time command checks how long a command takes to run in Ubuntu. It can be used like this:
Example: Checking how long refreshing repos takes
For instance, to check how long updating the repositories takes in Ubuntu, I used the command like this:
time sudo apt update
The 'real' tag is precisely how long a command took to run. In this case, it's 2.9 seconds. user is the time spent in the user space and sys is the time spent in kernel.
Let's take a look in detail.
The time command
The time command is used to check how long a command takes to complete its execution. There are multiple versions of this command (the bash version, GNU version, etc).
To check what versions of time are installed in your system, you can list all types of the command
time (using the
type -a time
Here, the shell keyword and reserved word belong to Bash and Zsh (respectively), they're modified versions of this command mostly with limited functionality. But,
/bin/time refer to the GNU version of this command.
The bash version of 'time'
To use the bash version of the command, you just have to type 'time' in the shell.
This provides the basic functionality of just checking how long the processor spent time on that particular command.
There are other examples. To check how long you spend time in your text editor:
I was inside the editor for 17.8 seconds. You can track how long something takes to run like this. This includes GUI applications as well as long as you execute it from the command line.
Did you notice three different categories in the output? I'll explain each one.
- real - This is the entire time taken by the program from the start to the end of execution. If the program was waiting for something (like superuser permission), it will include that too.
- user - It's the time spent in the user space, making use of the libraries and programs specific to the user. This excludes time spent in the kernel.
- sys - The amount of time spent in the kernel due to the process.
The sum of user and sys will give out how much CPU time is spent on the process.
In a related post, you may want to learn about the sleep command.
The 'GNU' version of time
The GNU version of the time command has more functionality as said before. It gives a detailed view of the time taken along with the amount of system resources used.
How to access it? Add a backslash (escape sequence)
\ at the beginning of the time command or just type out the whole path (
/usr/bin/time) to access the GNU variant.
The time spent in user/system spaces, total time elapsed, CPU and memory usage, etc are displayed in this GNU time variant. This has more useful information than the shell version.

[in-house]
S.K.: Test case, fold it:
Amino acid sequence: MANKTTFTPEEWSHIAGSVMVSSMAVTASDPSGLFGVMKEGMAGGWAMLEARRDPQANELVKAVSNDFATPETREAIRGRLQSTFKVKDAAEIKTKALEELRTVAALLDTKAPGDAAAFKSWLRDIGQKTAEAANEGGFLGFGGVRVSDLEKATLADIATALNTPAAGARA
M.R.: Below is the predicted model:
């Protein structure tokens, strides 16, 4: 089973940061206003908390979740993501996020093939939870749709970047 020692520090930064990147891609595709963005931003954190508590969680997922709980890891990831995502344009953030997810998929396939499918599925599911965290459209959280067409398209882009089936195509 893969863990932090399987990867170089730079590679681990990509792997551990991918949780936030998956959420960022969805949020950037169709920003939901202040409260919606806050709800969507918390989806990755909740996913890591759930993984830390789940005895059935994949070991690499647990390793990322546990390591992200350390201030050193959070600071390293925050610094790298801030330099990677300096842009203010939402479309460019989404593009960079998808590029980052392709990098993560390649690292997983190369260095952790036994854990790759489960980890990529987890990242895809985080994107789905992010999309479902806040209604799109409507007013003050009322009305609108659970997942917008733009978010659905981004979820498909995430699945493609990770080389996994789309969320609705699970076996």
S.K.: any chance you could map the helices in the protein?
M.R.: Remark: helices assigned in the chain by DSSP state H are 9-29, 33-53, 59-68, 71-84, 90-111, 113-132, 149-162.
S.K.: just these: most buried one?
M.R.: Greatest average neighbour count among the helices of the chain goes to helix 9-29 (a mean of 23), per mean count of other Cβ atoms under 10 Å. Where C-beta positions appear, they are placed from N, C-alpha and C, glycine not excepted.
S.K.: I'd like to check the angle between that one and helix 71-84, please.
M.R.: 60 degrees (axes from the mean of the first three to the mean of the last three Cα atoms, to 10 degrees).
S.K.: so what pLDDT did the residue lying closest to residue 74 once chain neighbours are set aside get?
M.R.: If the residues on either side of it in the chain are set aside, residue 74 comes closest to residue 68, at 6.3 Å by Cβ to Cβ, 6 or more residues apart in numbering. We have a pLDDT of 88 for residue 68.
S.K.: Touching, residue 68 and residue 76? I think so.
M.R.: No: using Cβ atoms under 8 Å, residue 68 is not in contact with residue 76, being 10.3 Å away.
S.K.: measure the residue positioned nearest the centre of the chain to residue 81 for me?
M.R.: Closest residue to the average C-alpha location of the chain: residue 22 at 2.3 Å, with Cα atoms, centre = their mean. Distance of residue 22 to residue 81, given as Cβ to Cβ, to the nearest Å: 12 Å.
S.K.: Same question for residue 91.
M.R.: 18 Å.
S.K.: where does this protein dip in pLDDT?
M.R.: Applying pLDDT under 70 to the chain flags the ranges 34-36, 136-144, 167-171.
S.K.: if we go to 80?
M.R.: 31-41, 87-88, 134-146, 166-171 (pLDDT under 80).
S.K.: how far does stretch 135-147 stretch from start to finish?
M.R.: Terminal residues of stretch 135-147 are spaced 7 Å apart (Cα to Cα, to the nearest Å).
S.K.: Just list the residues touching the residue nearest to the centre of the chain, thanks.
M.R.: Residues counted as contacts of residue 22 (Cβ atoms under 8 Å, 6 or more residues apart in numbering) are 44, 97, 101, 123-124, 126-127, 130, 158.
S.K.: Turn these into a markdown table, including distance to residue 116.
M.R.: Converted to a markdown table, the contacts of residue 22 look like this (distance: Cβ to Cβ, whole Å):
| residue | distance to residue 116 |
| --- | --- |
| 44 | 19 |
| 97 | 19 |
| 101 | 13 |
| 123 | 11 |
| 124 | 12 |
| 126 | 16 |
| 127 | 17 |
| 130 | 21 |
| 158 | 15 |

The bash's version of
time can be given as an alias to the GNU time command with an option
-p. You can note the similarities here:
Formatting output with GNU time
The good thing about the GNU time command is, you can customise the format in which the output is printed. This will be very useful during debugging. Here are a few most-used tags to check out:
||Elapsed time in minutes:seconds (and hours sometimes)|
||Elapsed time in seconds|
||Time spent in Kernel mode (aka sys)|
||Time spent in User mode|
||Percentage of 'time' in CPU (spent in User+Sys modes)|
||Total memory (in KB) used during the process|
||The command executed|
||Exit code of the command|
\time -f "<format>" <command>, where
<format>can be any text containing specific literal signs (like
%P, and more).
There are other tags of course, but the above listed are the popular ones.
Let us meet some examples:
\time -f "real %E user %U sys %S" <command>
This could be a statement as well:
\time -f "the command %C takes up %E time with '%M' KB memory occupied" <command>
To print every information possible, there's a verbose mode just for that.
\time -v <command>
The time command is a versatile one commonly used in debugging and benchmarking. An interesting fact is that modifying the system time by a few hours modifies the output of bash version of time, but it does not affect the GNU version.
For a quick check of how long a program takes to run, the bash's version of time will do the job. It gives out a short overview of how long.
The GNU's version of time command is more advanced and robust with the ability to be customised. This can be used to run long tests or benchmarking.
I hope you found this article helpful. If you know other tricks with the time command, make sure to drop them in the comments section.